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Functional capacity evaluations in persons with spinal disorders: predicting poor outcomes on the Functional Assessment Screening Test (FAST).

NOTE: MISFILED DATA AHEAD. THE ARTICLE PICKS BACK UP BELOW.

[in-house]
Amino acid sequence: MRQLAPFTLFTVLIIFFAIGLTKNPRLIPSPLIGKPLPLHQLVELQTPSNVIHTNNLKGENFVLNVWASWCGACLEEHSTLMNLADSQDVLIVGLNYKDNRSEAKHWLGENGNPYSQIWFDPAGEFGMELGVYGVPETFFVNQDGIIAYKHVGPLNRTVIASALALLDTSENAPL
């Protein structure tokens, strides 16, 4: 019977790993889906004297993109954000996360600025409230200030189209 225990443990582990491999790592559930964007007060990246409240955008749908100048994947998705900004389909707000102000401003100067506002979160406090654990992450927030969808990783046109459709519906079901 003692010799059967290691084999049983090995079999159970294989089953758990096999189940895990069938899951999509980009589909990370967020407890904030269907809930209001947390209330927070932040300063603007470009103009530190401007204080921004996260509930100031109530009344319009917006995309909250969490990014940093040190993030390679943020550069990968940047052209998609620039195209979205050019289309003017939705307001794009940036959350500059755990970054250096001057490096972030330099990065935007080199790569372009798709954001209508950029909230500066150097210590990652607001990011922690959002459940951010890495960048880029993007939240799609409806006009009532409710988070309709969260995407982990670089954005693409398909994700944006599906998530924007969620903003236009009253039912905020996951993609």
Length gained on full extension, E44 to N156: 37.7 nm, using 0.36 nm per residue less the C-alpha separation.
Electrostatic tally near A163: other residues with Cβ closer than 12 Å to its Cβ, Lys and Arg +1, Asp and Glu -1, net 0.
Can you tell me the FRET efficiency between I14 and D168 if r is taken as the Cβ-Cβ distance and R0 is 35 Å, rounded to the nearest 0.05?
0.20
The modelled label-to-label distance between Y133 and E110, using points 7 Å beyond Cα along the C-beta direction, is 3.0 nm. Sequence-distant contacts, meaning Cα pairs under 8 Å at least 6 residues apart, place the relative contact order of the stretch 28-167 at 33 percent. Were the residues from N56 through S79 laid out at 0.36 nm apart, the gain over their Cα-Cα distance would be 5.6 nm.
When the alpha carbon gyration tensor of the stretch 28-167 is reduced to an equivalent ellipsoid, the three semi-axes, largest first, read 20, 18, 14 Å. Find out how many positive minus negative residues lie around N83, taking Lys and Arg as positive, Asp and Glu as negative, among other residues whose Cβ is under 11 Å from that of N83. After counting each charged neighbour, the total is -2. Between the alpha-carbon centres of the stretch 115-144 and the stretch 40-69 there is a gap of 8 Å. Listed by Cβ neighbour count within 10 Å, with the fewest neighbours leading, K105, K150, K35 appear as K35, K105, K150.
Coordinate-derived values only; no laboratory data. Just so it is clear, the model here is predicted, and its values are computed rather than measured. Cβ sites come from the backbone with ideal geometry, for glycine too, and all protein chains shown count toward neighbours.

This study determines how performance on the simple, low exertion Functional Assessment Screening Test (FAST) relates to performance on more extensive physical and psychological testing. One hundred eighty-eight persons with chronic back disability and 17 spine healthy volunteers underwent the FAST (three 2-min static tests [kneeling, stooping, and squatting] and two 5-min tests [repetitive stooping and repetitive twisting while standing]), the Progressive Isoinertial Lifting Evaluation (PILE), trunk extension endurance, submaximal bicycle ergometry, and psychological profiles. All FAST components were completed by 88% of spine healthy subjects, but only by 19.7% (n = 37) of the back patients. Internal consistency for overall test performance was 0.82 (alpha coefficient). Back pain noncompleters had poorer performance on the PILE and trunk extension endurance despite similar cardiovascular fitness and perceived exertion during testing. They had more dysfunctional coping mechanisms, pain avoidance, depression, and self-reported disability. Since performance on nonstrenuous testing is so poor, and psychosocial variables relate strongly to test performance, extensive Functional Capacity Evaluations may not be necessary or valid in assessing the physical performance of this population of chronic back pain patients.

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